An ICE member asks if civil engineers should be doing more to share the importance of regular maintenance of infrastructure beyond team and geographical boundaries.
While working in Sierra Leone as a civil engineer for seven months, I was able to appreciate the significance of infrastructural maintenance.
Growing up as a young person in Sierra Leone, I observed roads that connected towns and cities left to become engulfed with myriad potholes.
They would only be reconstructed after incalculable vehicle and ghastly human fatality occurrences.
In 2013, for instance, Freetown, the capital of Sierra Leone, experienced a horrific collapse of the Freetown King Jimmy Bridge on Wallace-Johnson Street in the Peters Creek area.
It claimed the lives of at least seven people.
Seven years later, Freetown witnessed another bridge collapse, the Savage Street Bridge, a historic bridge that connected the centre of Freetown with the west end of the city.
Sadly, this has been the same episode characterising much of the country's infrastructure.
Returning home to rebuild a water network system
As a Sierra Leonean, I was thrilled to return home as a civil engineer to help rebuild the water network system that could provide the residents of Freetown with clean drinking water.
The work was done under the £48m Freetown Water Rehabilitation Project, funded by the Department of International Development (DFID), now Foreign Commonwealth & Development Office (FCDO).
While working on the project, I experienced water pipes that went for days without running water.
This made me a victim of a water crisis, like many other people who’ve been living in the capital for decades.
Strengthening a bridge on the main site access route
As the package manager responsible for the construction of two service reservoirs and installation of up to 6km of pipelines, my initial task was to strengthen the Angola Town Bridge as part of our enabling work.
This was the only known access route that connected the Angola site to the rest of the town.
During the pre-construction stage, the bridge was inspected by our sub-consultant, and the outcome of their evaluations noted that the bridge was not fit for purpose.
They, therefore, recommended strengthening the bridge before starting our main construction works at the Angola site.
However, the strengthening works were delayed due to the planning approval from the Sierra Leone Road Authority (SLRA).
Saving a bridge and preventing a disaster
Armed with a 3D model and animation of the proposed strengthening work, I chaired a meeting with the SLRA leadership team seeking their approval.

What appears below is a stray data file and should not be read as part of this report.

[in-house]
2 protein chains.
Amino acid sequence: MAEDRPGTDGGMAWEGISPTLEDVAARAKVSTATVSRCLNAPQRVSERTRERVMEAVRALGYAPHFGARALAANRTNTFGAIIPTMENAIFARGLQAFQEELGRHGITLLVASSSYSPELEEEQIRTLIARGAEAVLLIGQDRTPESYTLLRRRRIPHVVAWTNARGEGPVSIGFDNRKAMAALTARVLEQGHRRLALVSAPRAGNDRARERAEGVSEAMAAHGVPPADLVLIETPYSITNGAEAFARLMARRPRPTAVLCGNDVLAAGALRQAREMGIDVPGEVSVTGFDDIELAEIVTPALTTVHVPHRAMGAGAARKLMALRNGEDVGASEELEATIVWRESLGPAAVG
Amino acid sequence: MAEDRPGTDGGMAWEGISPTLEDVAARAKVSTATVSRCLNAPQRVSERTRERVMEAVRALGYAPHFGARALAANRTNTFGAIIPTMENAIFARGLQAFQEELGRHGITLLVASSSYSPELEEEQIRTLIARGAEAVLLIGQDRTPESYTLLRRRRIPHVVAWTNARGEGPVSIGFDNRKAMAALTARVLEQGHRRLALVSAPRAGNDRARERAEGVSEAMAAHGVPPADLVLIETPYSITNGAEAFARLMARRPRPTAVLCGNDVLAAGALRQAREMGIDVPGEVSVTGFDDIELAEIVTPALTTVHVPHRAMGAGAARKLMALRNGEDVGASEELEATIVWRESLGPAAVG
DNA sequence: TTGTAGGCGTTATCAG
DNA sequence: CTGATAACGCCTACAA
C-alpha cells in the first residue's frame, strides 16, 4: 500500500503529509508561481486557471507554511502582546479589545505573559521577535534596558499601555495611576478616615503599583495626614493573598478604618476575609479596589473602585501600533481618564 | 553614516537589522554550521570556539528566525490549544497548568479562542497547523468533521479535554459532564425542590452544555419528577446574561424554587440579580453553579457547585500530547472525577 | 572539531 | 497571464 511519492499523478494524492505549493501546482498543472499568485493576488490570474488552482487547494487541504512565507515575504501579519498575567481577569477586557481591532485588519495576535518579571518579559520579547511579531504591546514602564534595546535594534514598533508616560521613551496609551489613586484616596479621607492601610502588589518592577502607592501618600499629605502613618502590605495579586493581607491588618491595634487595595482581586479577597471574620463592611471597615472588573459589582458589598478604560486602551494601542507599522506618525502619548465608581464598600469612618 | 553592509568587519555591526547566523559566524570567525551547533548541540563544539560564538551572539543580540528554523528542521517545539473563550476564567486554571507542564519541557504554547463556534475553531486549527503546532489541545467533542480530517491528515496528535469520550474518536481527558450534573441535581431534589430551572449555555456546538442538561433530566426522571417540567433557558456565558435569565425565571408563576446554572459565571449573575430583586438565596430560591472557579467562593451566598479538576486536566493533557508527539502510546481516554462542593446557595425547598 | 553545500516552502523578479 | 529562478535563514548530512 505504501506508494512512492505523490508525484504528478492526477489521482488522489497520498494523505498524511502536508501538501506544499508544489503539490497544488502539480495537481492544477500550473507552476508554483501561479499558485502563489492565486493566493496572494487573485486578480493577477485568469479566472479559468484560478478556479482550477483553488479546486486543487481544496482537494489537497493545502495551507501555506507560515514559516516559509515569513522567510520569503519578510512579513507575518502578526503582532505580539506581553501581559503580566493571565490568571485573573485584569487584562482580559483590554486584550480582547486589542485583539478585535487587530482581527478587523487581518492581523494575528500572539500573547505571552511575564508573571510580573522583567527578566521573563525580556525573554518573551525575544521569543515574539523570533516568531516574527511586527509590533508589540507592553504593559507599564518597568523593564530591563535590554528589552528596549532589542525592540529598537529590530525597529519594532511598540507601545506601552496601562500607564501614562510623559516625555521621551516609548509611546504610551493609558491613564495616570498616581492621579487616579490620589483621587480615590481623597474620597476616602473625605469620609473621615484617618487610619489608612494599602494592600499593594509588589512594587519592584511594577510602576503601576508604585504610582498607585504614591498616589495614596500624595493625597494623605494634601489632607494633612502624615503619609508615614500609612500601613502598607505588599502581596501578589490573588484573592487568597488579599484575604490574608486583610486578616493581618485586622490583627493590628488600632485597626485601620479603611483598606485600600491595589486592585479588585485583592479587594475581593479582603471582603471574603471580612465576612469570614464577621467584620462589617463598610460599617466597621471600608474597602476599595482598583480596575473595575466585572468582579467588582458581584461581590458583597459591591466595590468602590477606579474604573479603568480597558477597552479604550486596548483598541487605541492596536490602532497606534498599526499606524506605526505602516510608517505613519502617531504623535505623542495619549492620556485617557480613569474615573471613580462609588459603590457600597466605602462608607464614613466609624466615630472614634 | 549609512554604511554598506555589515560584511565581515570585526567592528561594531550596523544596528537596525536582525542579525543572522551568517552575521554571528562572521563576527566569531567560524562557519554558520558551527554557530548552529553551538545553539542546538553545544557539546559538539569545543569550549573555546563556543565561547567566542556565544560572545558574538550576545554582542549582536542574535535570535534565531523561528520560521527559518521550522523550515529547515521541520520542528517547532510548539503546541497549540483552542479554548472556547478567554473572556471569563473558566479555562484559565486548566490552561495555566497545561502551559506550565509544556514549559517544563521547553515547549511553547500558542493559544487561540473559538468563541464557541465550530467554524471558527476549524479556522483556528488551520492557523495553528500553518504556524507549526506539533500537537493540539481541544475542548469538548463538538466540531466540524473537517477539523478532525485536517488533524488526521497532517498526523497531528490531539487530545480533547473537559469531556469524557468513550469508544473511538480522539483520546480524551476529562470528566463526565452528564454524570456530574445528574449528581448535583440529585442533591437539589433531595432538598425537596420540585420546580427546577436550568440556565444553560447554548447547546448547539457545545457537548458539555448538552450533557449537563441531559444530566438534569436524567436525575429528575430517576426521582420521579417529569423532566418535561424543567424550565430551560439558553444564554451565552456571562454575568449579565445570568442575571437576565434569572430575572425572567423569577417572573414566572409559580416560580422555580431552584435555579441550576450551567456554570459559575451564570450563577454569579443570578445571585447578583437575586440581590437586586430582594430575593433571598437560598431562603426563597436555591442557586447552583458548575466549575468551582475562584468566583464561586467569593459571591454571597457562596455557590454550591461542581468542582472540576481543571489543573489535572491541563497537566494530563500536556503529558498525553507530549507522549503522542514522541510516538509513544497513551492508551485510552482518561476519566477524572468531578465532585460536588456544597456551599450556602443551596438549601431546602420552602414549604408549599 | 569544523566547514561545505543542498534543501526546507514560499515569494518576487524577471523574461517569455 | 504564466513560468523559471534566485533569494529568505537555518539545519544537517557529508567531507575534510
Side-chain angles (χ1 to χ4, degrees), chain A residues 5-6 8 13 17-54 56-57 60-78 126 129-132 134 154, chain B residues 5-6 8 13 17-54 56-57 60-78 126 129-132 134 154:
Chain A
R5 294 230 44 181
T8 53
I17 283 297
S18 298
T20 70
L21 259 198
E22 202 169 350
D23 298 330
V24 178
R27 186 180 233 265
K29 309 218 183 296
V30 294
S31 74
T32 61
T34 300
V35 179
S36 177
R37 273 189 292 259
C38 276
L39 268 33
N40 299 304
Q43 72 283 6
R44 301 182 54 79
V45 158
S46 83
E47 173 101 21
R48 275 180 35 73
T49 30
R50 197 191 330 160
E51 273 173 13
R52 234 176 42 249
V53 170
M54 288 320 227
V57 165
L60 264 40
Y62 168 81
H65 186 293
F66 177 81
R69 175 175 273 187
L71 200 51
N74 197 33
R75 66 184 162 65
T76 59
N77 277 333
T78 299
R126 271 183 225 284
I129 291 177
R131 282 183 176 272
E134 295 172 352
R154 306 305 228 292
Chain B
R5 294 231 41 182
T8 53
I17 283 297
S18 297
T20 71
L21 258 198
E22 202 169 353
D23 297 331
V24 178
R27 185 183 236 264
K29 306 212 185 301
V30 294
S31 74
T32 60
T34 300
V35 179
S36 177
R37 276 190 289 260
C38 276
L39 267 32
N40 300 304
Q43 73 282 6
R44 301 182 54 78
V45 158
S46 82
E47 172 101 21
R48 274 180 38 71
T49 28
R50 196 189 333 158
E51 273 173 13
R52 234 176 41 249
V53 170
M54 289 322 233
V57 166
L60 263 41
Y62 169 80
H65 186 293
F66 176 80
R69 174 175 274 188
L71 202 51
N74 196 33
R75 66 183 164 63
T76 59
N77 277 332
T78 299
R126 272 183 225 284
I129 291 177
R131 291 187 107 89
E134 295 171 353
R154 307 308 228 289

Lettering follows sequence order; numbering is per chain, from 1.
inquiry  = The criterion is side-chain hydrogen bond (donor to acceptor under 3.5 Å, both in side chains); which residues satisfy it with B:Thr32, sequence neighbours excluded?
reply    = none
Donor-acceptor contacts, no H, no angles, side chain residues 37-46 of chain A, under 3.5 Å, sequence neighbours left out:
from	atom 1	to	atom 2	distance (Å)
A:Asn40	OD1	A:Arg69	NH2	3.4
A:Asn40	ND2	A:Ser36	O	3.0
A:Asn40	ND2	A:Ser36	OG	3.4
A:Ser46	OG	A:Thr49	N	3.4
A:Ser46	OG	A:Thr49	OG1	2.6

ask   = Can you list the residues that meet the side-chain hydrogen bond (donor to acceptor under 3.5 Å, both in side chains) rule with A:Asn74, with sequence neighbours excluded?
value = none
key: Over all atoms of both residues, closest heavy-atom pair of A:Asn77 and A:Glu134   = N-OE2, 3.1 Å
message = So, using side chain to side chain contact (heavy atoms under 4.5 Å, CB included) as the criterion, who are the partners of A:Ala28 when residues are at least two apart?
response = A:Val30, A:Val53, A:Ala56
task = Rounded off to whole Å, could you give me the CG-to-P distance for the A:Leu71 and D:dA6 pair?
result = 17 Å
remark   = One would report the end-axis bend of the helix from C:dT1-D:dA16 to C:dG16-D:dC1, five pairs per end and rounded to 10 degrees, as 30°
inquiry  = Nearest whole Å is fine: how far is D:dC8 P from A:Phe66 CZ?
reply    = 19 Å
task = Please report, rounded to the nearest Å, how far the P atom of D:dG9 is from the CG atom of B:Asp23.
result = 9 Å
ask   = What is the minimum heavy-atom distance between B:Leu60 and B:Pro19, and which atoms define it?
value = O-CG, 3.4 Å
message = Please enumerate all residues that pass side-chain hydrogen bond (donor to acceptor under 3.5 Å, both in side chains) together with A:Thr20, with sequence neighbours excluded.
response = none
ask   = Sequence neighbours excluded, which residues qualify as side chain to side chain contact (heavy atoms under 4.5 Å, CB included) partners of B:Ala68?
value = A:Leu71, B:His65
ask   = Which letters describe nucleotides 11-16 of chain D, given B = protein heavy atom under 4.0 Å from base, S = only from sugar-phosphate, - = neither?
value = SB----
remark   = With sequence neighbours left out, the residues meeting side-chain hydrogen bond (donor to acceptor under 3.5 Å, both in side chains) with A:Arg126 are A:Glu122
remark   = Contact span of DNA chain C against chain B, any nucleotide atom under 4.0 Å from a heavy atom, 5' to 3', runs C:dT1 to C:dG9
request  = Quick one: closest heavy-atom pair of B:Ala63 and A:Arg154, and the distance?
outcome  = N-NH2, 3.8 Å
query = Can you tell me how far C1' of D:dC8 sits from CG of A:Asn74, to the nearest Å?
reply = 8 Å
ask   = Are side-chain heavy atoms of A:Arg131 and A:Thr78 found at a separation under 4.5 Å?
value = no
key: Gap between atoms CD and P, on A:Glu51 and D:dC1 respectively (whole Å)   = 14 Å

The bridge was a reinforced concrete bridge with three beams.
I told them that the mid-beam was cracked near the centre of the span, due to increased bending stress that was likely caused by insufficient reinforcement.
When a load was imposed on the bridge, there was an increased bending stress which led to an increased deflection that caused the cracks.
I concluded that it was not if, but a matter of when the bridge would collapse, because of the increased construction plant load expected on the bridge during the construction phase.
With such an anticipated disaster looming, I refused to put my team at such a risk.
Luckily, they understood the enormity of the situation and granted permission for the bridge strengthening works.
One bridge saved for the future.
Sharing lessons learned
The water network is run by the Guma Valley Water Company (GUMA).
My part of the work was quite critical, involving tapping into the only pipe that connects the water treatment and distribution centres.
I chaired a lessons-learned session with GUMA’s maintenance and operations team, to understand why I and many others had been victims of no running tap water.
The GUMA water network designed and constructed in the early 1960s was meant to serve 800,000 inhabitants.
Yet one of the two main pipes that connected the treatment centre and the distribution centre was out of use. The whole water network system needed to be rehabilitated to increase the water supply to residents of Freetown.
At the end of the session, I told the head of the maintenance team that the rehabilitation project would only be successful if the network would be properly maintained.
Maintenance is essential to sustainable infrastructure
Sustainability in infrastructure can only be achieved if the infrastructure built is sustainably maintained and repurposed. Not rehabilitated and rebuilt a couple of years after construction.
To achieve this, our expertise and lessons learned must be shared beyond boundaries.
My question to everyone is: what are you doing to ensure that your expertise is shared far beyond your team and geographical location?
If we cannot properly maintain and repurpose the infrastructure we built, then we should not be building new ones.